We live, or so we are lead to believe, in a world of fake news. And, if the opening lines of Bart Layton’s American Animals, this year’s Sundance London’s Surprise Film, are anything to go by, it could be seeping into movies as well. We’re told that what we’re about to see isn’t based on a true story. And that it is.
You never really know for sure, although the basic story is a true one and the real life protagonists show up as themselves, as well as being portrayed by actors. The essentials are that four friends living Kentucky came up with the idea to steal the rarest and most valuable books from the library at Transylvania University. It turned out to be one of the most audacious art heists in American history but, behind their apparent bravado, this particular gang of four could never really explain why they did it in the first place. Even seven years in prison didn’t clarify things.
The closest they come to an explanation is that they wanted to bring some excitement to their humdrum lives, to the extent that they see themselves as being in a movie. And, of course, now they are. Evan Peters plays gang leader Warren, Barry Keoghan is the artistic Spencer, Blake Jenner gym rat Chas and Jared Abrahamson is Eric, probably the brightest of the lot. But we also meet the real four, who comment on the action, contradict each other (memories can be so unreliable) and look for all the world like they’re in one of those late night real life crime shows. Their involvement reflects Layton’s pedigree: this is his first feature film, after a series of documentaries, and his skill in getting real people open up on camera pays dividends.
Inevitably, they research their impending job by watching heist movies. Ocean’s 11, Rififi, Reservoir Dogs – they’re all there. Warren gives each of them names echoing the Tarantino classic and the film contains more passing nods in its direction. The slicker version of the heist – and it’s as smooth as silk – makes them look like Ocean’s 4 and the whole thing is very much a riff on Rififi. But that flawless robbery is nothing but fantasy. The truth is that, when it comes to carrying out their plan, they are bungling idiots: their planning is scant, they panic at the slightest thing and they’re accident prone to say the least. Layton makes no attempt to disguise the fact that the gang are idiots or to glamorise what they’re doing and that honest approach makes the film unexpectedly refreshing.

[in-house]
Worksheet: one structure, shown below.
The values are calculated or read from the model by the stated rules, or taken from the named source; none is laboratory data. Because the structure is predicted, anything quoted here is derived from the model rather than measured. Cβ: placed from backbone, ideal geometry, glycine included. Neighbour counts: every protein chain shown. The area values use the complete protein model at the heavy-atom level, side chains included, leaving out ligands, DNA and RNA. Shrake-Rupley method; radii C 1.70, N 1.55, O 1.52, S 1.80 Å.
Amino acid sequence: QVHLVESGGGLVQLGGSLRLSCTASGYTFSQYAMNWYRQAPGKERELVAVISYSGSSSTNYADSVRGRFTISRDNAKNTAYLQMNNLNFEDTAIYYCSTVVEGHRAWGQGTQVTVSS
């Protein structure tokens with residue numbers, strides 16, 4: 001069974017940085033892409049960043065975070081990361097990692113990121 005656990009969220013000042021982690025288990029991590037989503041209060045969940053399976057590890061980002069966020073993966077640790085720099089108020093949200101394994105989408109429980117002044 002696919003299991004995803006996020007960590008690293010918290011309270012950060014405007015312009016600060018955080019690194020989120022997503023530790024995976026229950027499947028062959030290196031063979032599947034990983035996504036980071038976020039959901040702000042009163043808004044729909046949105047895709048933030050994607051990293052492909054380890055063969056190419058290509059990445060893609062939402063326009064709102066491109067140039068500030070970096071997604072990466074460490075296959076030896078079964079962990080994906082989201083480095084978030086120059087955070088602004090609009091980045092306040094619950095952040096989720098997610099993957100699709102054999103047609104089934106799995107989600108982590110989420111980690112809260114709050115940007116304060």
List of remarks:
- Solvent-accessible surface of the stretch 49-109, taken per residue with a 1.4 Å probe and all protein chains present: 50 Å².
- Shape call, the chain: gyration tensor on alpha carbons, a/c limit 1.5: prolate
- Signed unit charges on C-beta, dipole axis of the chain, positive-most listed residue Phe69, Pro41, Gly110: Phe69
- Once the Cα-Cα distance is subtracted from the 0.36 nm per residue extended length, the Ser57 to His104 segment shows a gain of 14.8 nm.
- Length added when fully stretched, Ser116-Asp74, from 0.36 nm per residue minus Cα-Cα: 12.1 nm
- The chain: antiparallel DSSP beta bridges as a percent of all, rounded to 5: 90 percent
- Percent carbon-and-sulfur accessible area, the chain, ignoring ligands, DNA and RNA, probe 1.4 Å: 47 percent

Which makes the actual robbery something of a farce and their arrest by the FBI – it doesn’t take long, believe me! – inevitable. That’s no spoiler: it’s a matter of fact. But while both the fictionalised versions of the four and the men themselves find it difficult to explain their reasons, Layton leaves his masterstroke until the near the end. Those priceless books are guarded by a solitary librarian, Betty Jean Gooch (Ann Dowd). She’s all that stands between them, the volumes and the money, and she ends up bound and gagged on the floor. From the outset, Eric maintains he wants nothing to do with “immobilising” her and all four of them feel guilty about the way they treated her. But Layton’s coup de grace is to introduce the real Betty Jean to the camera, with her no-nonsense take on what they did. For her, they were selfish, immature boys. And it’s hard to disagree with her.
The mix of documentary and fiction works up to a point and, although they never sit wholly comfortably together, it does make the film an interesting hybrid. Where it falls down is in the real story. The whole thing was a mess, a complete foul-up, so why the events have become so legendary is hard to pin down. Why is it worth a film of just a smidge under two hours? Maybe it’s because, at its heart, it’s a cautionary tale, one of bored teenagers who think they’re clever and aren’t, and who wanted the proverbial American Dream without having to make any effort on their part. Just like Betty Jean said.
American Animals was the Surprise Film at Sundance London 2018 and is released in the UK on Friday, 7 September.
Freda Cooper | [rating=3]
Drama, Thriller, Crime | Cert: 15 | UK, 7 September (2018) | EFD Films | Dir. Bart Layton| Evan Peters, Barry Keoghan, Blake Jenner, Jared Abrahamson.